Wellness and Lifestyle

How to Get Your Kids to Eat Salads (With Excitement)


I can’t tell you how many times parents ask me, “How can I get my kids excited about salads?” You’re probably thinking, “Is it even possible to get your kids to eat salads, let alone get excited about eating them?” As a former veggie hater and the mother of a picky toddler and a testy teen, I can certainly relate to the woes of getting kids to eat anything “healthy.”

While we all know healthy eating and good nutrition is important for our growing kids, sometimes it just doesn’t seem worth the fight. If they don’t like something, they won’t eat it – it’s just that simple. Give ’em the nuggets and the mac ‘n’ cheese and be done with it, right?

Now, I don’t profess to have all the answers, but I do know a thing or two about making healthy foods, especially vegetables, more fun and appealing to kiddos (and adults too). Believe it or not, it all starts with my salad making methods. That’s why they call me “That Salad Lady” (yes, the name was actually given to me by kids). 

I can tell you that it is absolutely possible to get your kids to eat (and love) salads. Here, I’ve put together 10 tips and tricks, that I’ve personally used to get the kiddos totally excited when the salad bowl arrives.

Give Them a Reason

First and foremost, if you really want to get your kids to eat salads, you’ve got to give them a reason to. While quick and convenient, solely relying on bagged salads, likely won’t garner a whole lot of excitement. Honestly, would you get excited about that? Even if you do purchase bagged blends, it’s okay to venture outside the romaine, radish, carrot and cabbage. Just continue reading and you’ll find that there are tons of flavorful layers your kids will love!

Add Plenty of Color

As adults, we eat with our eyes. Kids are the same! Adding lots of bold and bright colors can make salads more visually appealing to kids. So don’t hesitate to load those bowls with red, orange, yellow, green and purple foods. In addition to their visual appeal, foods with brighter, deeper colors generally house the most nutrients. By building your kid’s salad bowls with more colors, you’re also encouraging them to eat more nutritionally diverse diets.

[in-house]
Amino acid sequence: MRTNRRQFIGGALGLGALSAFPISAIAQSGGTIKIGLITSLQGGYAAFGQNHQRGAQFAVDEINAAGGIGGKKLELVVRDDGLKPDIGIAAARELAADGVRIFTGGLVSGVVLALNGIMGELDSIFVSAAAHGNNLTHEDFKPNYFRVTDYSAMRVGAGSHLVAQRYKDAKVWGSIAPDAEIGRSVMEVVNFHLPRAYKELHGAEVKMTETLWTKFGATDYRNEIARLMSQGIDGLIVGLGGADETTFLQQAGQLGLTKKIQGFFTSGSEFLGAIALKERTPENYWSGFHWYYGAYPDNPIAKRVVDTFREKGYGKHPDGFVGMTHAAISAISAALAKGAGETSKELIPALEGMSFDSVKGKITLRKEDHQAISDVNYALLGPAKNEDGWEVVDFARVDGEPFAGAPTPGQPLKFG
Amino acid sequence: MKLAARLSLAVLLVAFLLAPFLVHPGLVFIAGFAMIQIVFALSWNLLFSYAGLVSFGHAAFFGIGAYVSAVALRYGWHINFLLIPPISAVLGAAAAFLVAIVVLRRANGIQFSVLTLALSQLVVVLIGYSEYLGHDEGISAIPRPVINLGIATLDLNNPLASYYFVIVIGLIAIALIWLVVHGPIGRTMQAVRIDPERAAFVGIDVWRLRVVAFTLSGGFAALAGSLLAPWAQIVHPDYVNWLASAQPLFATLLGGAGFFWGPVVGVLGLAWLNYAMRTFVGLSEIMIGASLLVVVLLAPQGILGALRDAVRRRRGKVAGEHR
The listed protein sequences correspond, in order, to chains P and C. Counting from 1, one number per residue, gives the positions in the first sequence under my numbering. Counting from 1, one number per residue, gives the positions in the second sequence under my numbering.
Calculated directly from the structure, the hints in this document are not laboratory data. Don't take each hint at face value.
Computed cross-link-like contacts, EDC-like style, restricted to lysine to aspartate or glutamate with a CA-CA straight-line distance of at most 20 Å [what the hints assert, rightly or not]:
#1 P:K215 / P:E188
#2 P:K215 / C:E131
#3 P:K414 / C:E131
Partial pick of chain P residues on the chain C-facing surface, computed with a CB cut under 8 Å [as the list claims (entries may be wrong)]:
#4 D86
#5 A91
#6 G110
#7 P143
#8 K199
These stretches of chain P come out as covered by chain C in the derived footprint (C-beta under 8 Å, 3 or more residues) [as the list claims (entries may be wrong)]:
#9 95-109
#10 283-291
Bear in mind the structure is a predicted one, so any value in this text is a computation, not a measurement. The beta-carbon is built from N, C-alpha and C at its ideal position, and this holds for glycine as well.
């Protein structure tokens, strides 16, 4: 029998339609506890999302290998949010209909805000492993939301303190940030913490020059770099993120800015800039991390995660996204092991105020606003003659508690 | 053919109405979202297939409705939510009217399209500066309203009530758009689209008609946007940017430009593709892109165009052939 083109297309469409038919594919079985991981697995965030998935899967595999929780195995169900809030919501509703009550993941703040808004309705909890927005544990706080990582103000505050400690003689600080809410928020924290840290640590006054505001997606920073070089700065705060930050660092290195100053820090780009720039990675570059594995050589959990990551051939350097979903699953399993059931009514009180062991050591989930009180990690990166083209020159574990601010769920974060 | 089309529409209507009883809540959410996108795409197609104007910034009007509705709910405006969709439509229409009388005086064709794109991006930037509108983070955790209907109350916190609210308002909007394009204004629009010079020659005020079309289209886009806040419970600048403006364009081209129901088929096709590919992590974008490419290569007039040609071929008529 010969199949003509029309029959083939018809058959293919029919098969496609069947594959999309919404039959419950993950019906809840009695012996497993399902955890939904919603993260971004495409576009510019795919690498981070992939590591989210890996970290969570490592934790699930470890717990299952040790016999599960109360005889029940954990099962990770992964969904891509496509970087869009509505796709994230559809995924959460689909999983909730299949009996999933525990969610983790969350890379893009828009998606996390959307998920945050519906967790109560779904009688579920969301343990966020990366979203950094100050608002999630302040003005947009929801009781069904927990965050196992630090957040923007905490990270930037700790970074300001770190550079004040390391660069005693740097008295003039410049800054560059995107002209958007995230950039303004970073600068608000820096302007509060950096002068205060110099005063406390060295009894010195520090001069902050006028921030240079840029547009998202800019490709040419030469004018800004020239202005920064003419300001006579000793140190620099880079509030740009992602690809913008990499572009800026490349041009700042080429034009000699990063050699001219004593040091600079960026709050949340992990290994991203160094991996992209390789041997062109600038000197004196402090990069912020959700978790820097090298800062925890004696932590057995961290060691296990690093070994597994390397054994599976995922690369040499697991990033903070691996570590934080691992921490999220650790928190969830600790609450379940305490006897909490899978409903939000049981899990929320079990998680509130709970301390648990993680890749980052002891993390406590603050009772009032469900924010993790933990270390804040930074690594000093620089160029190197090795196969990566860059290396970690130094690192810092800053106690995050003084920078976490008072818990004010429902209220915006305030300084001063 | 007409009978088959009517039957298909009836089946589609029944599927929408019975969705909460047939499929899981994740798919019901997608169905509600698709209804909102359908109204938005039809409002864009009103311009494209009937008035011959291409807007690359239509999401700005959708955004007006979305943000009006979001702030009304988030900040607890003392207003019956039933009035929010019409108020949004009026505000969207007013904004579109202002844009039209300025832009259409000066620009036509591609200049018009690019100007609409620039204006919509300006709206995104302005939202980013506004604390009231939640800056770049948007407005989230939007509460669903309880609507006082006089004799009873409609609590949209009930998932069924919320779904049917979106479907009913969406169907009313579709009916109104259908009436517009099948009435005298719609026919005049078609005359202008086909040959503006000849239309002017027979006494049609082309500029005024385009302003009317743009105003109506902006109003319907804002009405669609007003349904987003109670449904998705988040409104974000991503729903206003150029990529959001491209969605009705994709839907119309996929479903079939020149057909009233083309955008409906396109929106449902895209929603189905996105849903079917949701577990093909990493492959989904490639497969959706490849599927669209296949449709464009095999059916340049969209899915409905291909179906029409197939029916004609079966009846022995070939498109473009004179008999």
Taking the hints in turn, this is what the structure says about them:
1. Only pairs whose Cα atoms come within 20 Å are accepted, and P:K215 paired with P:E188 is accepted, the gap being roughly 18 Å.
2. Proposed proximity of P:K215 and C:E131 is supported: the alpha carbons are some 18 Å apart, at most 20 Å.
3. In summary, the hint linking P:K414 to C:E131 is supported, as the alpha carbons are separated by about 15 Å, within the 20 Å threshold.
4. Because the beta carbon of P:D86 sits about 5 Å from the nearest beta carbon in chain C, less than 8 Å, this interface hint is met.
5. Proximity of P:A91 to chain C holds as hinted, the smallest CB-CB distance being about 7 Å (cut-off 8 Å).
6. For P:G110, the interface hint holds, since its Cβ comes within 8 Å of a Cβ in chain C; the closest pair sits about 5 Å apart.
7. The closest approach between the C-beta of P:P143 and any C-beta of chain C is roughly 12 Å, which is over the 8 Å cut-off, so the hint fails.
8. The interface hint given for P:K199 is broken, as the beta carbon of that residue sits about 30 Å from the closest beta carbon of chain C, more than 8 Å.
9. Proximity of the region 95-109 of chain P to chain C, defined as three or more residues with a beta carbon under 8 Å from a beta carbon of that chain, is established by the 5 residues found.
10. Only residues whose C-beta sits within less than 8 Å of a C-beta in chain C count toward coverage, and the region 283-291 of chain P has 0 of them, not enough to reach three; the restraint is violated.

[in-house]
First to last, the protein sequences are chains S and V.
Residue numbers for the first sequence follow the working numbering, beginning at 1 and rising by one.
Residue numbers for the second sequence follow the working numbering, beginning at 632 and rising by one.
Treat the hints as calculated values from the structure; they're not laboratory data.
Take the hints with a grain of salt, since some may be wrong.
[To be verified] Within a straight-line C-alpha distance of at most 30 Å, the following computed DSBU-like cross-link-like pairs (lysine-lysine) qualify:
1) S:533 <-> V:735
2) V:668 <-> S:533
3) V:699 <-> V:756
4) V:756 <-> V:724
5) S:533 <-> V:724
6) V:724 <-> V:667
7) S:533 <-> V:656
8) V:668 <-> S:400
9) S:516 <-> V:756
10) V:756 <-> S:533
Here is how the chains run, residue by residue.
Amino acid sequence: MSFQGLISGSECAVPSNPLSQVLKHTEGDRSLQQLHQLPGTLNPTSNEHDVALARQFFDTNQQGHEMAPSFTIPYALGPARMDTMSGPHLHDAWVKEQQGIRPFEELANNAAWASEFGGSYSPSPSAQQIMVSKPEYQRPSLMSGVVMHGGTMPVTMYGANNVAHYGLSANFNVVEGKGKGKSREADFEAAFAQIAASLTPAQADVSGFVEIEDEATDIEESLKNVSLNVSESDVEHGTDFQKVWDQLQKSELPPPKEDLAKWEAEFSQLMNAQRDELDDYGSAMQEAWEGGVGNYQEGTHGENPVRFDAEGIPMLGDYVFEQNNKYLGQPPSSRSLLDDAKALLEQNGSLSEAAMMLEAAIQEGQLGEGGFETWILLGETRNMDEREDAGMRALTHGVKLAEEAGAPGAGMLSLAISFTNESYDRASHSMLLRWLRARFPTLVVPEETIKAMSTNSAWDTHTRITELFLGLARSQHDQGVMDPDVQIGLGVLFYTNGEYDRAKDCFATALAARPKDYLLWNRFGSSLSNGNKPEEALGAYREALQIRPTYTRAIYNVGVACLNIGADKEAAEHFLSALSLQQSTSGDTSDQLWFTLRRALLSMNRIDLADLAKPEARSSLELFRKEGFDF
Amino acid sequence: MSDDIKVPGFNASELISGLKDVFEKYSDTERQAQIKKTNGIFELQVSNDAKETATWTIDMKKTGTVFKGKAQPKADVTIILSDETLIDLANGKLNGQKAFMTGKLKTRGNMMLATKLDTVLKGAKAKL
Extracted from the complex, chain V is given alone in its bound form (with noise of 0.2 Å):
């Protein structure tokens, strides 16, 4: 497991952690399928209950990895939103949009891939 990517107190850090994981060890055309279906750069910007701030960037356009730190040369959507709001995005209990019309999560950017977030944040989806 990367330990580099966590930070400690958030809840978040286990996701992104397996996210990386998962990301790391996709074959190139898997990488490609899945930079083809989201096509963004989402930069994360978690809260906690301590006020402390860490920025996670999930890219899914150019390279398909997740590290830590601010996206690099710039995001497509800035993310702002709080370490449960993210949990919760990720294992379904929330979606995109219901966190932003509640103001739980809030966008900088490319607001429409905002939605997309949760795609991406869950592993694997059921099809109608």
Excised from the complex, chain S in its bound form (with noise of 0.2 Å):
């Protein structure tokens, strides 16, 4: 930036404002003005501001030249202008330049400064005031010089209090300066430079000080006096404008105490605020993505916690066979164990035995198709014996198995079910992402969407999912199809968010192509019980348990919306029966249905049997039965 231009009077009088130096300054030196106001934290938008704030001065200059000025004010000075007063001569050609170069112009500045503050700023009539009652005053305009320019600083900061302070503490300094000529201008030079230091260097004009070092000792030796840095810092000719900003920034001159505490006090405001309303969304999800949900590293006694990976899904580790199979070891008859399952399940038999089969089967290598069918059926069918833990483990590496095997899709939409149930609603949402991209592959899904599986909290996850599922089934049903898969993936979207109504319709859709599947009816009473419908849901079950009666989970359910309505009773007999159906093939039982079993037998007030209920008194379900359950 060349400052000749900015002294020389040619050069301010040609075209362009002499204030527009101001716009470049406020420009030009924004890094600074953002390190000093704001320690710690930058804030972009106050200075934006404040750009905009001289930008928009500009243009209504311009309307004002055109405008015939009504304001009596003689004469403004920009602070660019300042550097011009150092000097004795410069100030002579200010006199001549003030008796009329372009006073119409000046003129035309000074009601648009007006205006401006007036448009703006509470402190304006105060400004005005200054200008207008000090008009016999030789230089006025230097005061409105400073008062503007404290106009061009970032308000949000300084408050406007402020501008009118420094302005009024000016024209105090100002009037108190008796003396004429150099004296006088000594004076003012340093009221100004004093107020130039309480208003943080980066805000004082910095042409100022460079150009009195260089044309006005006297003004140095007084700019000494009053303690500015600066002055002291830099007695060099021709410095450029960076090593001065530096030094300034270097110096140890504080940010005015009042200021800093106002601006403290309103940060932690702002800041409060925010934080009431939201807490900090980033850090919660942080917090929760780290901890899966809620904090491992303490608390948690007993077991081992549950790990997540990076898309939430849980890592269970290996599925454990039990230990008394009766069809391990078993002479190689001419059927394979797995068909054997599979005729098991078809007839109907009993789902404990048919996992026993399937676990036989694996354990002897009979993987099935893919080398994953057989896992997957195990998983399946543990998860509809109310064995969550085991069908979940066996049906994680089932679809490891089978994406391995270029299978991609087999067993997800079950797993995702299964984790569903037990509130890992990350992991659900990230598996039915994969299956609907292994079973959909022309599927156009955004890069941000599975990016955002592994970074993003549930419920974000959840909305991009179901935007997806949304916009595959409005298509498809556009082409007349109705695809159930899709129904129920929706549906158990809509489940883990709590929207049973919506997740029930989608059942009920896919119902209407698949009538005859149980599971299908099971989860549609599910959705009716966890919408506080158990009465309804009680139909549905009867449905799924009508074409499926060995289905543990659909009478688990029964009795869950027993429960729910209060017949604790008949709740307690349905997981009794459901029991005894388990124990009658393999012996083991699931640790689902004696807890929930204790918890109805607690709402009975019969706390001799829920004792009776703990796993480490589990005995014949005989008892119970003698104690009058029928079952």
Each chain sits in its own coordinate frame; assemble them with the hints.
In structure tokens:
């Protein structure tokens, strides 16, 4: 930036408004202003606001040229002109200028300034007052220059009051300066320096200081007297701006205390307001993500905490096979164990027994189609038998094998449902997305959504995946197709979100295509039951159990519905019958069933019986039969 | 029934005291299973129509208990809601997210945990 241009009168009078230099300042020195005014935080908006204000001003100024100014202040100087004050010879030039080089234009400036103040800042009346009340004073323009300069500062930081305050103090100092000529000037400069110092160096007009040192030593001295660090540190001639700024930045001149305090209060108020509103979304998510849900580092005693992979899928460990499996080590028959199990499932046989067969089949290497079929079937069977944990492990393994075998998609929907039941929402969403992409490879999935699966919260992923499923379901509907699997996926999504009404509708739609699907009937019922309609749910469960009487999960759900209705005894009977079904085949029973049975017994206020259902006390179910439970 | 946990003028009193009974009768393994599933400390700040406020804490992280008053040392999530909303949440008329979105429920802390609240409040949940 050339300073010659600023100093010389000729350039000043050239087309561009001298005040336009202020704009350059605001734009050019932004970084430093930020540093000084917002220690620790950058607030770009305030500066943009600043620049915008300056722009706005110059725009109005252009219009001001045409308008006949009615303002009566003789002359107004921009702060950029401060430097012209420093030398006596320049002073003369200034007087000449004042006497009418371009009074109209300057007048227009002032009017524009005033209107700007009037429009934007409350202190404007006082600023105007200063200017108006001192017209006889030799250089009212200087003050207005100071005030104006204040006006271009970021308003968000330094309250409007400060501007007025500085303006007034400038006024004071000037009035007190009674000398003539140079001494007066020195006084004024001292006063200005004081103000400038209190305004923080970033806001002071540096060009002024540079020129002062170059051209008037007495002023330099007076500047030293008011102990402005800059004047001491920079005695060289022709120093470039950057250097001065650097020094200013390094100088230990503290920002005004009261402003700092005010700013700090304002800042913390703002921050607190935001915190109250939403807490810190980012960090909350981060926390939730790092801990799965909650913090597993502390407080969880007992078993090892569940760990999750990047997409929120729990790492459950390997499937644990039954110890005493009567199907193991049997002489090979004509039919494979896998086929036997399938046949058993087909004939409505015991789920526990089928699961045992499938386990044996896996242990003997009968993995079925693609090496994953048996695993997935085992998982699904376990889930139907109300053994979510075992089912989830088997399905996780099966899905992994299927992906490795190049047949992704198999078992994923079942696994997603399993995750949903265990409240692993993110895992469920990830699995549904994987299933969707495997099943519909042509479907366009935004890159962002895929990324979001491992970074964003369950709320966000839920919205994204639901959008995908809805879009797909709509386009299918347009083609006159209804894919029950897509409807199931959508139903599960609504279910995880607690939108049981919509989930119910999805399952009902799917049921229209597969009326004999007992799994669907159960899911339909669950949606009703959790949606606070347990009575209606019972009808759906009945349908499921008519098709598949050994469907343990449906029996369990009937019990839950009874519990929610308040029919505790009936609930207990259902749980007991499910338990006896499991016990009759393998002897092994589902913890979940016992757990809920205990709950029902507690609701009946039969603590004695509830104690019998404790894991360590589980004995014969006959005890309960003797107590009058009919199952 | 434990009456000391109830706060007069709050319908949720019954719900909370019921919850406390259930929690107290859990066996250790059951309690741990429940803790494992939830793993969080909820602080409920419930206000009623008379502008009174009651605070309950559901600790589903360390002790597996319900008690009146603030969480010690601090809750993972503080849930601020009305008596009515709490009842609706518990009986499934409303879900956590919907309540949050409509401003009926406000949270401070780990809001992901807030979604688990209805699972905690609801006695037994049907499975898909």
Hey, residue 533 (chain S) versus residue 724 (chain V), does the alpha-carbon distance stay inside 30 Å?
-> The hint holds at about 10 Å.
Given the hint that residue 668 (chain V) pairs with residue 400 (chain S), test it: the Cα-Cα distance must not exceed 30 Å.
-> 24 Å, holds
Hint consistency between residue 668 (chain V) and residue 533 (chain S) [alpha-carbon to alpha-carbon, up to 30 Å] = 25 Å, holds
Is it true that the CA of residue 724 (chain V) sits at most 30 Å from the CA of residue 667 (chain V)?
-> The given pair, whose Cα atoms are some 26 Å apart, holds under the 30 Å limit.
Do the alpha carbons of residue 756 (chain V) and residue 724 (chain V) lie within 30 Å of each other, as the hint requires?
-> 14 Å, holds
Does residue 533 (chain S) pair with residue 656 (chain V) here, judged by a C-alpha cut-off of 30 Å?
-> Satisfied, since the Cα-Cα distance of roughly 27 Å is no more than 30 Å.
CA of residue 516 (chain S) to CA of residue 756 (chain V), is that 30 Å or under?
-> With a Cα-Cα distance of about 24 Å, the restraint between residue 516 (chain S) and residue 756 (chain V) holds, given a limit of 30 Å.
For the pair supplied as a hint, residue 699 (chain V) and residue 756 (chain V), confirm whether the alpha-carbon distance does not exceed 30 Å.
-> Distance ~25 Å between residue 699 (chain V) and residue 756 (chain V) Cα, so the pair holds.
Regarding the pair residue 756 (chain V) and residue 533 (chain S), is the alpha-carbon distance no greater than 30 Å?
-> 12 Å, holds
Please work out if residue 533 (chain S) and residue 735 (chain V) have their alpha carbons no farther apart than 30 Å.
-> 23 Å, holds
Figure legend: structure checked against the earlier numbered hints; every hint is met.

Create “Fun-Sized” Blends

Presenting ingredients in bite-sized form is an almost sure way to get your kids to eat salads – and with excitement! I’ve applied this tactic on small and big kids alike. From bite-sized peppers and broccoli to cherry tomatoes and shredded carrots, it’s just something about miniature food that makes it more appealing. Many have told me it feels more like they’re eating a “fun-sized” snack rather than a salad. It’s also another “visually appealing” way to present salads to kids.

Quick Hack: Our Ultimate Salad Bowl is a great example of a fun-sized salad blend. Kids love to eat this rich and flavorful salad in mason jars. Give it a shot!

Try Out Different Textures

Like adults, kids gravitate towards certain food textures. Foods that are crispy and crunchy, or soft and juicy tend to be especially appealing. Watch your kid’s eating patterns to get a feel for their texture preferences – if you have older kids, just ask them. From there, incorporate those textures into your salad making. Try ingredients like cucumber, snapped peas and apples for crispy, crunch, or tomatoes, blueberries and butternut squash for a softer, juicier mouthfeel.

Make Them Sweet

Kids love sweets! If you’re trying to get your kids to eat salads, there’s absolutely nothing wrong with adding natural sweeteners to the bowl. Honey makes a great sweetener, as it contains a good amount of antioxidants. Experiment with dressings like our honey-mustard blend or sweet balsamic vinaigrette. You can even take a stab at our honey-glazed nuts recipe. When in doubt, add fruit layers like berries, apples, oranges, pears and dried fruits for sweetness.

Don’t Forget the Protein